The latter is the converse of Pansu’s theorem. Namely, let \(G\) be a Carnot group and \(\mu\) a Radon measure on \(G\). Suppose further that every Lipschitz map between \(G\) and \(H\), some other Carnot group, is Pansu differentiable \(\mu\)-almost everywhere. We show that \(\mu\) must be absolutely continuous with respect to the Haar measure of \(G\).

This is a joint work with Guido De Philippis, Andrea Marchese, Andrea Pinamonti and Filip Rindler.

The radial projection to a vantage point \(x \in \mathbb{R}^{d}\) is the map \[\pi_{x}(y) = \frac{(x - y)}{|x - y|}.\] What is the relationship between the Hausdorff dimension of a set, and the Hausdorff dimension of its radial projections? How many vantage points can there be such that the radial projection has dimension strictly lower than the dimension of the set? I will discuss recent progress on this question in \(\mathbb{R}^{2}\), joint with Pablo Shmerkin.

RCD spaces are metric measure spaces whose Riemannian Ricci curvature is bounded from below, in a synthetic sense. Despite the lack of any smooth structure, a very refined calculus has been developed in this framework. In the talk I provide a quick overview on such calculus and I use it to prove the Rank-One Theorem for maps of bounded variation from finite-dimensional RCD spaces to Euclidean spaces. Based on a joint work with Gioacchino Antonelli and Camillo Brena.

I will discuss different geometric properties of BV- and Sobolev \(W^{1,p}\)-extension domains. In the case of planar simply connected domains, there are geometric characterizations of extension domains that lead to sharp size estimates on the Hausdorff dimension of the boundary and its set of self-intersections. In higher dimensions and for general domains, so far similar conditions have been obtained that are only sufficient or necessary. I will present one such condition for the range \(1 < p < 2\). In the limiting case of \(W^{1,1}\)-extension domains, this condition becomes a characterization that works also on general metric measure spaces.

In his seminal work, Cheeger introduced a weak differentiable structure on metric spaces supporting a Poincare inequality, with respect to which Lipschitz functions can be differentiated. These Lipschitz differentiability structures have since been intensively studied and connected to the existence of many curve fragments. In this talk I present an analogous construction using curves and leading to a \(p\)-weak differentiable structure which is compatible with Sobolev spaces. These structures exist more generally than Cheeger’s but only allow differentiation along curves. I will present the basic ideas behind the construction and, time permitting, the comparison with Lipschitz differentiability structures.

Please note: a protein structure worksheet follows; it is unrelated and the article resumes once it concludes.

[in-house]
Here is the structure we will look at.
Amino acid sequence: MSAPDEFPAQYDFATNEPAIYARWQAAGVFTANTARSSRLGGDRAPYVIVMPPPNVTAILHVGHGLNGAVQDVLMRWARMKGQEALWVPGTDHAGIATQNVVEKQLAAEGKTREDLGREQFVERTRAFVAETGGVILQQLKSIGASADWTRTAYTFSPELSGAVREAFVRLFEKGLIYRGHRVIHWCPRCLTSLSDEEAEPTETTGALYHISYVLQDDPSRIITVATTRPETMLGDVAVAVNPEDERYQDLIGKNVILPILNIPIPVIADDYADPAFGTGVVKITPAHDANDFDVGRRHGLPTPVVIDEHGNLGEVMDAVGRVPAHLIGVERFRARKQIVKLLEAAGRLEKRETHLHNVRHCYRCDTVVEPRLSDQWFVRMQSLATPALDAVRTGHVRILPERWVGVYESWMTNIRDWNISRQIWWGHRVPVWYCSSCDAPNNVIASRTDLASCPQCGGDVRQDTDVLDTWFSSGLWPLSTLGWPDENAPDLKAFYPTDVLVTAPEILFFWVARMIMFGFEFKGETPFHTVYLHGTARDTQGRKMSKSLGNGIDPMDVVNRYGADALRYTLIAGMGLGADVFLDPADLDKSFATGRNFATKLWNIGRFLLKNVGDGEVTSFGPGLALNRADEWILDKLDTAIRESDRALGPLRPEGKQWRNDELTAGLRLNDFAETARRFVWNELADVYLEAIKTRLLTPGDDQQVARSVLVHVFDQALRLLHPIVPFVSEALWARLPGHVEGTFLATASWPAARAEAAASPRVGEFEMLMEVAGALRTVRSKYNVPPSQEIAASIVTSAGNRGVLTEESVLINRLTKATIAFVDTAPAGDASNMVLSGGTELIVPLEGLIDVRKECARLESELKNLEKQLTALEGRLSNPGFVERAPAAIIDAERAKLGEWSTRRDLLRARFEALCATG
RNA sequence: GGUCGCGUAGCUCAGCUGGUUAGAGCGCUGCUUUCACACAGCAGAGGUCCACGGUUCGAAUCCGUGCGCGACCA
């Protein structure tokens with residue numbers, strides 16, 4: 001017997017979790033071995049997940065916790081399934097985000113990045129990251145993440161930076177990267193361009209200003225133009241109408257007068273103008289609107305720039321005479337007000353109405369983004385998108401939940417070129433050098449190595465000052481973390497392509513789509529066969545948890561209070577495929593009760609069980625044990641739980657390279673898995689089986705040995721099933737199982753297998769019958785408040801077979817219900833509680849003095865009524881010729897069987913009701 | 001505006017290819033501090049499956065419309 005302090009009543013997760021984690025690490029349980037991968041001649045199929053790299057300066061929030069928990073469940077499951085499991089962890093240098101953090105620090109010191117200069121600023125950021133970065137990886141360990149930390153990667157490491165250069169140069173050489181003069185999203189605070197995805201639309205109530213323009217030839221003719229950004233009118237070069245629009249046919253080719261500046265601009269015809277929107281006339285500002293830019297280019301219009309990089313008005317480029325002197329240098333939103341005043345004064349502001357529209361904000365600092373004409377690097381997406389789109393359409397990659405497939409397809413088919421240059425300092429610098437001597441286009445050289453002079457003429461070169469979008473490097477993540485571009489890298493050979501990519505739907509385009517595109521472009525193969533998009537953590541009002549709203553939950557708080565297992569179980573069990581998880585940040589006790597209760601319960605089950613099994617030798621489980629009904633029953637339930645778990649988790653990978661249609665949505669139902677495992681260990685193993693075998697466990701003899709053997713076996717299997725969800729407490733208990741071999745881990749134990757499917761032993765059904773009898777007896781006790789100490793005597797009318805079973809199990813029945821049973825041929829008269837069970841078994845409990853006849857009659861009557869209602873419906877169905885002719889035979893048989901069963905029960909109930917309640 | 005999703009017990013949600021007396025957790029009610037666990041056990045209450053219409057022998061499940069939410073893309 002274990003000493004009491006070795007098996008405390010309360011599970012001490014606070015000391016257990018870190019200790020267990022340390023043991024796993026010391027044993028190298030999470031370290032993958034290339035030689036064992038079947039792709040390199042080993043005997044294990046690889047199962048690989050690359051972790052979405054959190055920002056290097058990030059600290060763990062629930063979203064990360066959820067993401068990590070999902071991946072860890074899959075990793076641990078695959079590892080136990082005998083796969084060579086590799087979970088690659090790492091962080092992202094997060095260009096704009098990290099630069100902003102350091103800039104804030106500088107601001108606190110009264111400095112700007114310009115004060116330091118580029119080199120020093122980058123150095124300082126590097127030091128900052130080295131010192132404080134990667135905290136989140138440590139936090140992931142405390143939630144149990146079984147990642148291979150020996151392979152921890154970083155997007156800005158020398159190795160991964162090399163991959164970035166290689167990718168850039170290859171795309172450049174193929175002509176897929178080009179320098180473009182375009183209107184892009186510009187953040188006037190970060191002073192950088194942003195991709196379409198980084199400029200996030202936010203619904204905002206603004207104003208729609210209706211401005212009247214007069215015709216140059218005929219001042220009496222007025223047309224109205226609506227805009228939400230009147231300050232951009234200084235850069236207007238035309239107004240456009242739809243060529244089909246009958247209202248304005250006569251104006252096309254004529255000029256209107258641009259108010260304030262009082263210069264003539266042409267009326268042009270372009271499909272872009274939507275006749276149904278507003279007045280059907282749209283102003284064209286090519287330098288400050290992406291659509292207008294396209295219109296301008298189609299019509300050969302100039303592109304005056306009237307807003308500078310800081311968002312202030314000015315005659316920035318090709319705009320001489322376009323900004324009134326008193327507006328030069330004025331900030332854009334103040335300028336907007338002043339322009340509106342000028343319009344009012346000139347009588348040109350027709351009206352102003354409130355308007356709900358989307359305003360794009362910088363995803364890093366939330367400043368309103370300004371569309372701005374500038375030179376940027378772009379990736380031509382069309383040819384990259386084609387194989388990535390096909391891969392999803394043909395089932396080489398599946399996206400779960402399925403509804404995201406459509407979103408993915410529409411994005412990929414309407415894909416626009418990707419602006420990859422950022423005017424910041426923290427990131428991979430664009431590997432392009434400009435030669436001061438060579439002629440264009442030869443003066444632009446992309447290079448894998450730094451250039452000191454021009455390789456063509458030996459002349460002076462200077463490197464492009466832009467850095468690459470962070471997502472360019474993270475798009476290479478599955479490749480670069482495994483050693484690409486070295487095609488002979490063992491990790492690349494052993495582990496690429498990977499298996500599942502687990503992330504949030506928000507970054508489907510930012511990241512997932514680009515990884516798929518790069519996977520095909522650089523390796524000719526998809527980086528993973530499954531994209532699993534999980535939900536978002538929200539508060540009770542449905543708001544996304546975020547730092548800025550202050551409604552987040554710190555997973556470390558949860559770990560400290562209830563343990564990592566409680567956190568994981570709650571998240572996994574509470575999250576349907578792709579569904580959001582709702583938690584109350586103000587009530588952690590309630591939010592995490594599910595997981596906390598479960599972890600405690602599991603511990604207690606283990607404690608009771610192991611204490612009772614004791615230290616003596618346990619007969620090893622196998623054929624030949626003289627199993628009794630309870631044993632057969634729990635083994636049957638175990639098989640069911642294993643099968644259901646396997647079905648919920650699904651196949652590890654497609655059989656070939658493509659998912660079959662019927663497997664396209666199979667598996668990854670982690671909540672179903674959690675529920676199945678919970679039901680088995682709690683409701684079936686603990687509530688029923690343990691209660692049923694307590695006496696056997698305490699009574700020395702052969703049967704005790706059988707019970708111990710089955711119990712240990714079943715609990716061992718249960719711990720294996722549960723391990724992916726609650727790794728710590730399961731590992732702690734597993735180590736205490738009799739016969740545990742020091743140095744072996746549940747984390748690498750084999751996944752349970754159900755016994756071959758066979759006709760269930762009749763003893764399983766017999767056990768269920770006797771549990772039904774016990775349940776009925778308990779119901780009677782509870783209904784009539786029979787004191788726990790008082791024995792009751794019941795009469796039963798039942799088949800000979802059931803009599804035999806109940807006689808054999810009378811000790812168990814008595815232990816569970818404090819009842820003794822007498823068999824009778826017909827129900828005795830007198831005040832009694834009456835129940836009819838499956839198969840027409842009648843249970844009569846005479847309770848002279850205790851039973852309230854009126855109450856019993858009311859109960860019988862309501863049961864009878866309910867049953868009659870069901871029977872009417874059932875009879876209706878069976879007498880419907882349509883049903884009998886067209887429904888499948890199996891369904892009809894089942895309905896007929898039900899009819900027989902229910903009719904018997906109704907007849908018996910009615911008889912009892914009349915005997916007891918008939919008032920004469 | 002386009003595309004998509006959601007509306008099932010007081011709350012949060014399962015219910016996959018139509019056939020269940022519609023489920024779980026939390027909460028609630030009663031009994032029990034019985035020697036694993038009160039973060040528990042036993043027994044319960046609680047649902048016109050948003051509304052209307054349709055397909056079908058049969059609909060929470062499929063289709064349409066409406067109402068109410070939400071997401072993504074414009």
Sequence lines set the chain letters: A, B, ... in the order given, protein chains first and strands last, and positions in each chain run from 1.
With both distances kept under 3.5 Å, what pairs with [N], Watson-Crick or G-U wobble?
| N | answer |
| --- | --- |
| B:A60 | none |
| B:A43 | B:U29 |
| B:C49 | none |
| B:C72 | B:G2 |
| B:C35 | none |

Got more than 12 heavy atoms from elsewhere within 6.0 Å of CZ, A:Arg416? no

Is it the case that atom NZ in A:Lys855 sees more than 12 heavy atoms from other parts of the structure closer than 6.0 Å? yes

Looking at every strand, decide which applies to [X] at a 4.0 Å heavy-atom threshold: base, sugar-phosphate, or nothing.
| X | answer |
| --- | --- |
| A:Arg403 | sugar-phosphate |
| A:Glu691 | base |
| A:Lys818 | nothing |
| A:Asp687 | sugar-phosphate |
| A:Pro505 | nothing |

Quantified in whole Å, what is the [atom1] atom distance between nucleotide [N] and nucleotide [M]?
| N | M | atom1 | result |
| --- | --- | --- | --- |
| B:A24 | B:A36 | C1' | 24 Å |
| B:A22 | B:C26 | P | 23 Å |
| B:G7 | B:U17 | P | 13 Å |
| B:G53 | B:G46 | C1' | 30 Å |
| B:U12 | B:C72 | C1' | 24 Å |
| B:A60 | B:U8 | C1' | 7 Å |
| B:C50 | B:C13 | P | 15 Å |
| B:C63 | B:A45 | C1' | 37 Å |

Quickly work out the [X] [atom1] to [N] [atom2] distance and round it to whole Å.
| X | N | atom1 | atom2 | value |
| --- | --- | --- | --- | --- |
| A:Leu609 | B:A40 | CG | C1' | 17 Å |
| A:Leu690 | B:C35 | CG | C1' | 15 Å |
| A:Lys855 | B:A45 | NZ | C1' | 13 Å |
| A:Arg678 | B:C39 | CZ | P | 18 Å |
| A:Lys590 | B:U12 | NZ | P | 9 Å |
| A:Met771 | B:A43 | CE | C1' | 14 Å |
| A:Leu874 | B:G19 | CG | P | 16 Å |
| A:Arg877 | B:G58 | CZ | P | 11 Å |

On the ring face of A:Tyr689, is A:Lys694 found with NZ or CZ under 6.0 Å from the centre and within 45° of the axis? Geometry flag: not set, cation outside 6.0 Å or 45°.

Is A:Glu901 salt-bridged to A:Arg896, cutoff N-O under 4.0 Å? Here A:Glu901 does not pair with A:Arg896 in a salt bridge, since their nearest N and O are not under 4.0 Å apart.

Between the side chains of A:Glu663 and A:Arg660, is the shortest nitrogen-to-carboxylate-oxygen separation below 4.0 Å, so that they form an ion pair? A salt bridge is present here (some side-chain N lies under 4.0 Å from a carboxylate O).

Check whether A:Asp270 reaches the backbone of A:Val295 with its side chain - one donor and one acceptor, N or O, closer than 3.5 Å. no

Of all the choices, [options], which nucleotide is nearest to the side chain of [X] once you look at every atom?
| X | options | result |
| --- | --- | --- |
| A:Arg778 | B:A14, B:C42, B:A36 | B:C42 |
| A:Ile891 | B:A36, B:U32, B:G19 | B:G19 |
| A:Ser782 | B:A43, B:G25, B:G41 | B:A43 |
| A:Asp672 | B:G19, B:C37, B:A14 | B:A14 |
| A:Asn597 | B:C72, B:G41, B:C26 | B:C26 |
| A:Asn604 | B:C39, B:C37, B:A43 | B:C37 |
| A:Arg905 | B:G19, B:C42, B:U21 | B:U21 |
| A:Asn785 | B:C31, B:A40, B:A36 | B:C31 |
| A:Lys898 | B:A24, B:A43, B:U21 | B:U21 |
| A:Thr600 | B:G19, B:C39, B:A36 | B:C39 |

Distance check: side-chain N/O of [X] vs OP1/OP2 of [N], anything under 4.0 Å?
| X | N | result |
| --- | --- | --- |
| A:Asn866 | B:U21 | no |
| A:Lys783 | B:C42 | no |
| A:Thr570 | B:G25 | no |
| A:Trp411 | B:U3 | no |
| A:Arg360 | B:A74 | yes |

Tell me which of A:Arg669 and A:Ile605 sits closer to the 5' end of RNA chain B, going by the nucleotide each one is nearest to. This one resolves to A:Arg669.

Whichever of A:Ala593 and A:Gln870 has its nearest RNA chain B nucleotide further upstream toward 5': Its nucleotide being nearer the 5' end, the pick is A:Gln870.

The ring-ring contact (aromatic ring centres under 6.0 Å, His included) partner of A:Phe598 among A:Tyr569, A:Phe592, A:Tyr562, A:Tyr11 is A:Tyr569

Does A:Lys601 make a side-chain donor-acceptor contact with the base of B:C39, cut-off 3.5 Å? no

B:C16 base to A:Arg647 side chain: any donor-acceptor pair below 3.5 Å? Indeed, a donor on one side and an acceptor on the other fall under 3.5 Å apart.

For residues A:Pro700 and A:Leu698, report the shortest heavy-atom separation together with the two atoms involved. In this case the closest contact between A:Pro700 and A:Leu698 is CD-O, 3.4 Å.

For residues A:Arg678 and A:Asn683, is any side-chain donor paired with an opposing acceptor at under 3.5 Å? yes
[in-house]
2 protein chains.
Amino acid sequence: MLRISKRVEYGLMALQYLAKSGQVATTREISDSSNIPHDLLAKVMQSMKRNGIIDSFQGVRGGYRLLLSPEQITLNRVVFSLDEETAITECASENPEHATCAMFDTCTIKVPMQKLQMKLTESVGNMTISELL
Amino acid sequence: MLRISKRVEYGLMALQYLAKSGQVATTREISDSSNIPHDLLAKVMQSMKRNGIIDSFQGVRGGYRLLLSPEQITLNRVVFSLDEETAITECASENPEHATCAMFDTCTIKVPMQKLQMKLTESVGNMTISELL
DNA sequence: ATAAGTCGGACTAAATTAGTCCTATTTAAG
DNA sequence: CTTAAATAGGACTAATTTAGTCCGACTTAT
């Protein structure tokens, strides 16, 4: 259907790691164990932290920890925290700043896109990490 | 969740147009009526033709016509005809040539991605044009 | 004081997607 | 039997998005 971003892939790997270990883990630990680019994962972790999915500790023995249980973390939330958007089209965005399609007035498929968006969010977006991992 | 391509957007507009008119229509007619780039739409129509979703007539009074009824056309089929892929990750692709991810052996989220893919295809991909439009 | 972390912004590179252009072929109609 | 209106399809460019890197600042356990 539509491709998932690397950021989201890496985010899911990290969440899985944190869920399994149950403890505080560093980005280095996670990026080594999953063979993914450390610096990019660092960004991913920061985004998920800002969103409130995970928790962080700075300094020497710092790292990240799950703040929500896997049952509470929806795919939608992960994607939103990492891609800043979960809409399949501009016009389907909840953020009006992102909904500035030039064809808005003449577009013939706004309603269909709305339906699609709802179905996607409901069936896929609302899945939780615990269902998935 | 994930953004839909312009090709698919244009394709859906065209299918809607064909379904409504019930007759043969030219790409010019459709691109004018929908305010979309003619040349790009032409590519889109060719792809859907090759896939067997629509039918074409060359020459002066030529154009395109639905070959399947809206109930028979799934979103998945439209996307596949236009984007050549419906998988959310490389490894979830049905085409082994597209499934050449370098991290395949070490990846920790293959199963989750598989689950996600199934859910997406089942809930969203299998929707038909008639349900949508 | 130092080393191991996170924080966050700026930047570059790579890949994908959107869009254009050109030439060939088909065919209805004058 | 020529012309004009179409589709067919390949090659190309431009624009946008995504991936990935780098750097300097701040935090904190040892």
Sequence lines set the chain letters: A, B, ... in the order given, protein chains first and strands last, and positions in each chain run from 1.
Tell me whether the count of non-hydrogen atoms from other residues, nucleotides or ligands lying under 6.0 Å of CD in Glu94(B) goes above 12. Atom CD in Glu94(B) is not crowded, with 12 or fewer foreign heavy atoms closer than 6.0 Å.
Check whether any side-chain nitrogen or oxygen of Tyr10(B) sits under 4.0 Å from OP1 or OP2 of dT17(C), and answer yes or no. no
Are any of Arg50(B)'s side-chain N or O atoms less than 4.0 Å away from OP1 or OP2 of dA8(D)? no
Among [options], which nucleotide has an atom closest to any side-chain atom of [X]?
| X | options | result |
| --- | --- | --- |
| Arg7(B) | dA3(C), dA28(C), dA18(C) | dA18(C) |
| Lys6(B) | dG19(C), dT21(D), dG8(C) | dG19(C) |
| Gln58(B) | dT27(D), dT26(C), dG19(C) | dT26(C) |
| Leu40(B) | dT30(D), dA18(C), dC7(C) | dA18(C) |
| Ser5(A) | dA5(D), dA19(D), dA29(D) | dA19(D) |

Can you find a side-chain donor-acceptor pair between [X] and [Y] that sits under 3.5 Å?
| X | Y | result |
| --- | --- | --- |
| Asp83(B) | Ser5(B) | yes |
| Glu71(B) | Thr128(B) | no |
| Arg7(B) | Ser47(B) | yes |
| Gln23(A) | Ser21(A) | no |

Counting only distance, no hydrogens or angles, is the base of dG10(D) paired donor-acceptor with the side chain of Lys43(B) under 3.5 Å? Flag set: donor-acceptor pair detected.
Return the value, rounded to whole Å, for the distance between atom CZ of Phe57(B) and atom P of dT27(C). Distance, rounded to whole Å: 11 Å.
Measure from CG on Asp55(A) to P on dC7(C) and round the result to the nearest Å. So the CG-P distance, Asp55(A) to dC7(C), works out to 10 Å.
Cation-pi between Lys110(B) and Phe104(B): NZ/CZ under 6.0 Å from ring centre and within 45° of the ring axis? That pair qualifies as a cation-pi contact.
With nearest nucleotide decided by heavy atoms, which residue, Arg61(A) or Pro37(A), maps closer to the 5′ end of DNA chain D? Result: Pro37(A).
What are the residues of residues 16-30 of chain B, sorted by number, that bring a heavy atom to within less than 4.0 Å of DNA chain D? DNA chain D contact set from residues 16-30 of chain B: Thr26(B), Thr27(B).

Suppose \(X\) is a complete metric space and \(E\) is a \(\mathcal{H}^n\)-measurable subset. Bate recently gave a characterisation of \(n\)-rectifiability in the spirit of Besicovitch-Federer, via the (complete) metric space \((Lip_1(X,\mathbb{R}^n),\lVert\cdot\rVert_{\infty})\) of 1-Lipschitz functions \(f\colon X \to \mathbb{R}^n\). If \(E\) is \(n\)-rectifiable, then a typical \(f\) in \(\textnormal{Lip}_1(X,\mathbb{R}^n)\) satisfies \(\mathcal{H}^n(f(E))>0\), while if \(E\) is purely \(n\)-unrectifiable, a typical \(f\) satisfies \(\mathcal{H}^n(f(E))=0\). This motivates the question of whether, assuming \(E\) is \(n\)-rectifiable, there is some \(\Delta>0\) such that a typical \(f\in\textnormal{Lip}_1(X,\mathbb{R}^m)\) (for some fixed \(m>n\)) satisfies \(\mathcal{H}^n(f(E))>\Delta\). The answer turns out to be complicated.

If \(X\) is Euclidian then a typical
\(f\) even satisfies \(\mathcal{H}^n(f(E))= \mathcal{H}^n(E)\),
but no such \(\Delta>0\) exists for
\(X=\mathbb{R}^n_\infty\). We provide
sufficient and necessary conditions for existence of such a \(\Delta>0\) for \(n=2\) and \(X=E=[-1,1]^2\), equipped with some
*norm* \(|\cdot|_a\). These
conditions agree for \(p\)-norms or
norms who’s unit ball has \(C^2\)
boundary. We will also briefly touch on the connection of these problems
to a particular type of Lipschitz extension problems.

- Giovanni Alberti
- David Bate
- Paolo Bonicatto
- Marianna Csörnyei
- Damian Dabrowski
- Giacomo Del Nin
- Katrin Fässler
- Luis Miguel García Martin
- Ana Lucía García Pulido
- Matthew Hyde
- Hefin Lambley
- Urs Lang
- Olga Maleva
- Andrea Marchese
- András Máthé
- Pertti Mattila
- Andrea Merlo
- Tuomas Orponen
- Enrico Pasqualetto
- Mark Pollicott
- Tapio Rajala
- Filip Rindler
- Elefterios Soultanis
- Tim Sullivan
- Jakub Takáč
- Michele Villa
- Polina Vytnova
- Pietro Wald
- Julian Weigt